Acta Univ. Agric. Silvic. Mendelianae Brun. 2011, 59, 91-100

https://doi.org/10.11118/actaun201159030091
Published online 2014-06-14

Wood moisture monitoring during log house thermal insulation mounting

Pavla Kotásková1, Zdeňka Havířová2

1Ústav tvorby a ochrany krajiny, Mendelova univerzita v Brně, Zemědělská 1, 613 00 Brno, Česká republika
2Ústav základního zpracování dřeva, Mendelova univerzita v Brně, Zemědělská 1, 613 00 Brno, Česká republika

The current designs of thermal insulation for buildings concentrate on the achievement of the required heat transmission coefficient. However, another factor that cannot be neglected is the assessment of the possible water vapour condensation inside the construction.
The aim of the study was to find out whether the designed modification of the cladding structure of an existing log house will or will not lead to a risk of possible water vapour condensation in the walls after an additional thermal insulation mounting. The condensation could result in the increase in moisture of the walls and consequently the constructional timber, which would lead to the reduction of the timber construction strength, wood degradation by biotic factors – wood-destroying insects, mildew or wood-destroying fungi. The main task was to compare the theoretically established values of moisture of the constructional timber with the values measured inside the construction using a specific example of a thermal insulated log house. Three versions of thermal insulation were explored to find the solution of a log house reconstruction which would be the optimum for living purposes. Two versions deal with the cladding structure with the insulation from the interior, the third version deals with an external insulation.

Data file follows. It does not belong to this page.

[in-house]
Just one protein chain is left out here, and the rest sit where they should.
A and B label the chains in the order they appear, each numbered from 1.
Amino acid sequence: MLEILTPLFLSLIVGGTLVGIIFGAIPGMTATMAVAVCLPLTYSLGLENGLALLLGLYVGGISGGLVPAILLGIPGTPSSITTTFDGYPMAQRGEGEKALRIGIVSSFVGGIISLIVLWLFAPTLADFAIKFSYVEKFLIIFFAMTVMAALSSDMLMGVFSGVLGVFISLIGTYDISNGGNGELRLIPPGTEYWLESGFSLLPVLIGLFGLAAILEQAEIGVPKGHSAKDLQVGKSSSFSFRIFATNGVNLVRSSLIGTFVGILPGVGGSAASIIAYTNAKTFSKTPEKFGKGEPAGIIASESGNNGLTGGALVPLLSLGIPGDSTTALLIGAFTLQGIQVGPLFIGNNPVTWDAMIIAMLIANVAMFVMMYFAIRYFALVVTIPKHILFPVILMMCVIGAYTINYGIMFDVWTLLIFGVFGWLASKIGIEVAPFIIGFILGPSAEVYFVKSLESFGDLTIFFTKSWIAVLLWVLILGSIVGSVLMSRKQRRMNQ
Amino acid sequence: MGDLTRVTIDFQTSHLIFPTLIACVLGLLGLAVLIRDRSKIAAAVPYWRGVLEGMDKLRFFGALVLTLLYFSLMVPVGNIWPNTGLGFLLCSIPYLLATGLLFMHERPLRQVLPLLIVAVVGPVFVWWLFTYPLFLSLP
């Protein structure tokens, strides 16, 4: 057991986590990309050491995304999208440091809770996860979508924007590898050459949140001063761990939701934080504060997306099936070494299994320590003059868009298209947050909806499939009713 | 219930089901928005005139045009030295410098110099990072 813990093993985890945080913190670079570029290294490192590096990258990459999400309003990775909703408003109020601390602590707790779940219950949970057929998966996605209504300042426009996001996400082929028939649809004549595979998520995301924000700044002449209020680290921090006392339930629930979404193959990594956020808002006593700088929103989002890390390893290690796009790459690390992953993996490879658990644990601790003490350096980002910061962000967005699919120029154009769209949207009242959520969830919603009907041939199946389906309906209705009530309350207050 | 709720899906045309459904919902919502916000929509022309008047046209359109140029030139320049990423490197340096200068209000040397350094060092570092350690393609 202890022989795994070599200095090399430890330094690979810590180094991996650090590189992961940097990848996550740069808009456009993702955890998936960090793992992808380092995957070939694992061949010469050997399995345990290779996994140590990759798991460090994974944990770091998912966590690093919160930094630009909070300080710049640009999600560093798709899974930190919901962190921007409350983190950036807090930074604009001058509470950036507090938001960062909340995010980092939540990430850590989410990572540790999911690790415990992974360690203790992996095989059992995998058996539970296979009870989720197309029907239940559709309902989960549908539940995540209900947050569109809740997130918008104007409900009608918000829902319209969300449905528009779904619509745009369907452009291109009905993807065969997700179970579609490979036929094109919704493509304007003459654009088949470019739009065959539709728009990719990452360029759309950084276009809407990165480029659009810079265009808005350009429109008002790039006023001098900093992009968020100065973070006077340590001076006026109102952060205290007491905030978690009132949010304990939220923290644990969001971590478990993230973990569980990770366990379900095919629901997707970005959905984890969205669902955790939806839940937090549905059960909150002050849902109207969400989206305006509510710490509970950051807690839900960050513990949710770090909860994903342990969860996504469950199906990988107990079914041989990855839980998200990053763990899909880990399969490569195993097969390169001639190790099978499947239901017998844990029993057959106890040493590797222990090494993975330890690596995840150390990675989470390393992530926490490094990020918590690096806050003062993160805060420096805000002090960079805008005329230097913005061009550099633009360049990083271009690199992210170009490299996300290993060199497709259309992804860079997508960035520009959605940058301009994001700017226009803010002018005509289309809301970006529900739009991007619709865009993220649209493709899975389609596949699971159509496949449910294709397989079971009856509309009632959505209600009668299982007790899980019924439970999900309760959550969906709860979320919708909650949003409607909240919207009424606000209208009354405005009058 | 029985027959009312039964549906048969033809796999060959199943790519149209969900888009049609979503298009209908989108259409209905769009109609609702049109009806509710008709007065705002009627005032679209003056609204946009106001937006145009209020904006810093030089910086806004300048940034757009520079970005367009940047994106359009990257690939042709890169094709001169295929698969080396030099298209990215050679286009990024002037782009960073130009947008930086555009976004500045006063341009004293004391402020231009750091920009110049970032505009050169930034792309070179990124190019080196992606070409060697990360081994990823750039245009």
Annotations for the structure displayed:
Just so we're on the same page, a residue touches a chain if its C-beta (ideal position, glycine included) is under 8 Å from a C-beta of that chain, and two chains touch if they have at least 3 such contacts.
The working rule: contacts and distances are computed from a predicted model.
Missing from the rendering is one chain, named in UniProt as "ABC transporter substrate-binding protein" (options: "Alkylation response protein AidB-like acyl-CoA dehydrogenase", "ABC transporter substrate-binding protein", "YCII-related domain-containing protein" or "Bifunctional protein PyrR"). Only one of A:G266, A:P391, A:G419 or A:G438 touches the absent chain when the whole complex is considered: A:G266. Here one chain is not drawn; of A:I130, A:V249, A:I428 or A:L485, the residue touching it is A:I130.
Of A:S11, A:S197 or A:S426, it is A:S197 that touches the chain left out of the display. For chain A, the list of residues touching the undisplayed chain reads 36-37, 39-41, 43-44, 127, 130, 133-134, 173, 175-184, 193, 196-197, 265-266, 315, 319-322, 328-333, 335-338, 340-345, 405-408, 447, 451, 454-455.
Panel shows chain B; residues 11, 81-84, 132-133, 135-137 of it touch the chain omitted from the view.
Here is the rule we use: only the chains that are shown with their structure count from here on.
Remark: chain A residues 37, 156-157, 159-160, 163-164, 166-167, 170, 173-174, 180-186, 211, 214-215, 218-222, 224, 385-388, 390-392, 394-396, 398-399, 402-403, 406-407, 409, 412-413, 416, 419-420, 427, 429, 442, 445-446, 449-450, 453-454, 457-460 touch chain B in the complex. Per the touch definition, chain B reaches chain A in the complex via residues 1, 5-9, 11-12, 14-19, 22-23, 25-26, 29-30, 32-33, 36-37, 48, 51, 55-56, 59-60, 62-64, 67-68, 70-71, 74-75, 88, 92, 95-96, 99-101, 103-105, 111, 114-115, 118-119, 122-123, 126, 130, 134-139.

In a calculation model the results can be affected to a great degree by input values (boundary conditions). This especially concerns the factor of vapour barrier diffusion resistance, which is entered in accordance with the producer’s specifications; however, its real value can be lower as it depends on the perfectness and correctness of the technological procedure. That is why the study also includes thermal technical calculations of all designed insulation versions in the most unfavourable situation, which includes the degradation of the vapour barrier down to 10% efficiency, i.e. the reduction of the diffusion resistance factor to 10% of the original value.
Moreover, the dependence of the weight moisture of timber inside the insulated cladding on temperature-moisture changes in the internal and external ambient environment was examined.

References

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